said, no man was more anxious than he was for the improvement of the Irish fisheries, but he would submit that, in the face of the opposition of Government, and of the declaration of many of his supporters, the most politic course for the hon. Member (Mr. Blake) to take would be to eliminate from his measure those clauses which had reference to advances of public money.


said, he was glad to hear that the Government agreed to place the Irish fisheries under a distinct administration. As to the remarks of the Secretary to the Treasury against interference with the agreements between the owners and the crew, that was very well as an abstract principle, but a practical knowledge of the fisheries suggested the absolute necessity of such provisions as were contained in the Bill. He had received a letter that morning from the superintendent of a fishing company with which he was connected, declaring that a compulsory agreement between the men and the owners of vessels was absolutely necessary at the commencement of each fishing season. When men agreed to ship at the commencement of the fishing season they should be bound to perform their contract, for the consequences of their neglecting to do so were often very serious. Under the Merchant Seamen's Act such an agreement was compulsory, and why should not the same rule apply to the fisheries? He did not think that portion of the Bill regarding public loans was an essential element of the measure; at the same time he thought it absurd to suppose that the granting of loans, under the circumstances referred to by this Bill was inconsistent with the principles of political economy.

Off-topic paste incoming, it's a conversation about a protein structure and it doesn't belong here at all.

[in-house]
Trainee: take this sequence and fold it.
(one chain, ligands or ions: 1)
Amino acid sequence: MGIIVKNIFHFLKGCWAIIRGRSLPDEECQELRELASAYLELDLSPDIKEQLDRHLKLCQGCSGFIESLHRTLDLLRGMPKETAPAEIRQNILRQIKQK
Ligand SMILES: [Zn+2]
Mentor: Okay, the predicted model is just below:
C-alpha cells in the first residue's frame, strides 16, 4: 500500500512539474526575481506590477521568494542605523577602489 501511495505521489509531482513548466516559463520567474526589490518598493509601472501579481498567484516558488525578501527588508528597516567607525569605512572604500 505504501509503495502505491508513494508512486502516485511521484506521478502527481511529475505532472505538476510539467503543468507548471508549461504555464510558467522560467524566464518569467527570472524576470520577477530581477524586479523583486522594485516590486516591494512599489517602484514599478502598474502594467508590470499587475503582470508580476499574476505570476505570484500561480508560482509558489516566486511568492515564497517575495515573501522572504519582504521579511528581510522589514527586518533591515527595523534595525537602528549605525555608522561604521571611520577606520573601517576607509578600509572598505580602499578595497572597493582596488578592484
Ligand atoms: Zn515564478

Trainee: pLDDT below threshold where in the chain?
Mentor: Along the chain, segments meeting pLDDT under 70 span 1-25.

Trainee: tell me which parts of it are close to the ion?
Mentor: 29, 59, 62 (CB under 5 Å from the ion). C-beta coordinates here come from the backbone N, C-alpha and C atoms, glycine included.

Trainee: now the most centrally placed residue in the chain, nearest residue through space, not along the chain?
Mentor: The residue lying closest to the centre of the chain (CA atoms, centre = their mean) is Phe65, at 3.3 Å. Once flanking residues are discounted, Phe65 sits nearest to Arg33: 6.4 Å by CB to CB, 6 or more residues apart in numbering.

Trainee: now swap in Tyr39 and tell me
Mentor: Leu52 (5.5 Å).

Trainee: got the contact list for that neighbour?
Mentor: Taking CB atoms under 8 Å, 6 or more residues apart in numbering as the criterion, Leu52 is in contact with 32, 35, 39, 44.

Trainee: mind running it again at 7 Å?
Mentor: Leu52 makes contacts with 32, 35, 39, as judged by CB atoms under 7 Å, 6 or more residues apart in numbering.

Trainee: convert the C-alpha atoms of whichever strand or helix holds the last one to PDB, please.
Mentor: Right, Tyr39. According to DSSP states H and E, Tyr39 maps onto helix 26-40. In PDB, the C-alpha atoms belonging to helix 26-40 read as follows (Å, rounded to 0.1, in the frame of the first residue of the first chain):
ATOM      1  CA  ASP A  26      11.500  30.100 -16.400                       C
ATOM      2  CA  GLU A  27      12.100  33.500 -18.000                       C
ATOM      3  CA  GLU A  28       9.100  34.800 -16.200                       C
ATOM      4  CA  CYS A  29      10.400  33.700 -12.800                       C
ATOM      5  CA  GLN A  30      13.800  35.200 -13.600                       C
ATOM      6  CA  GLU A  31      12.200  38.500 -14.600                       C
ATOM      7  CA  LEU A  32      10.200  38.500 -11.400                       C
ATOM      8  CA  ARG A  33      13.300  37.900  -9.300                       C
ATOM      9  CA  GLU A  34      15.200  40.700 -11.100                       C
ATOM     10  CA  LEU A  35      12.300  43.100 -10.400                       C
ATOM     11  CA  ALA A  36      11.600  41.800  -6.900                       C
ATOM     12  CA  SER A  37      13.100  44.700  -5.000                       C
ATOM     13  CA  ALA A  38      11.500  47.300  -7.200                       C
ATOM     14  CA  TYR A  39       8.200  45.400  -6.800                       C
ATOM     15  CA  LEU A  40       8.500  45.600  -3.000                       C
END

said, he regretted that the Government had declined to grant a loan for the objects sought by the Bill. He felt bound to complain that no Irish Lord of the Treasury had been appointed, a concession to which he thought Ireland was fully entitled. If there were such an officer the interests of Ireland would probably be better represented and attended to by the Government. He warmly approved of the principle of this measure.


said, he thought the statements made by the Chief Secretary for Ireland of so satisfactory a character for the most part that he was ready to accede to the proposal of the Government.

Motion agreed to.

Bill read a second time, and committed for Monday next.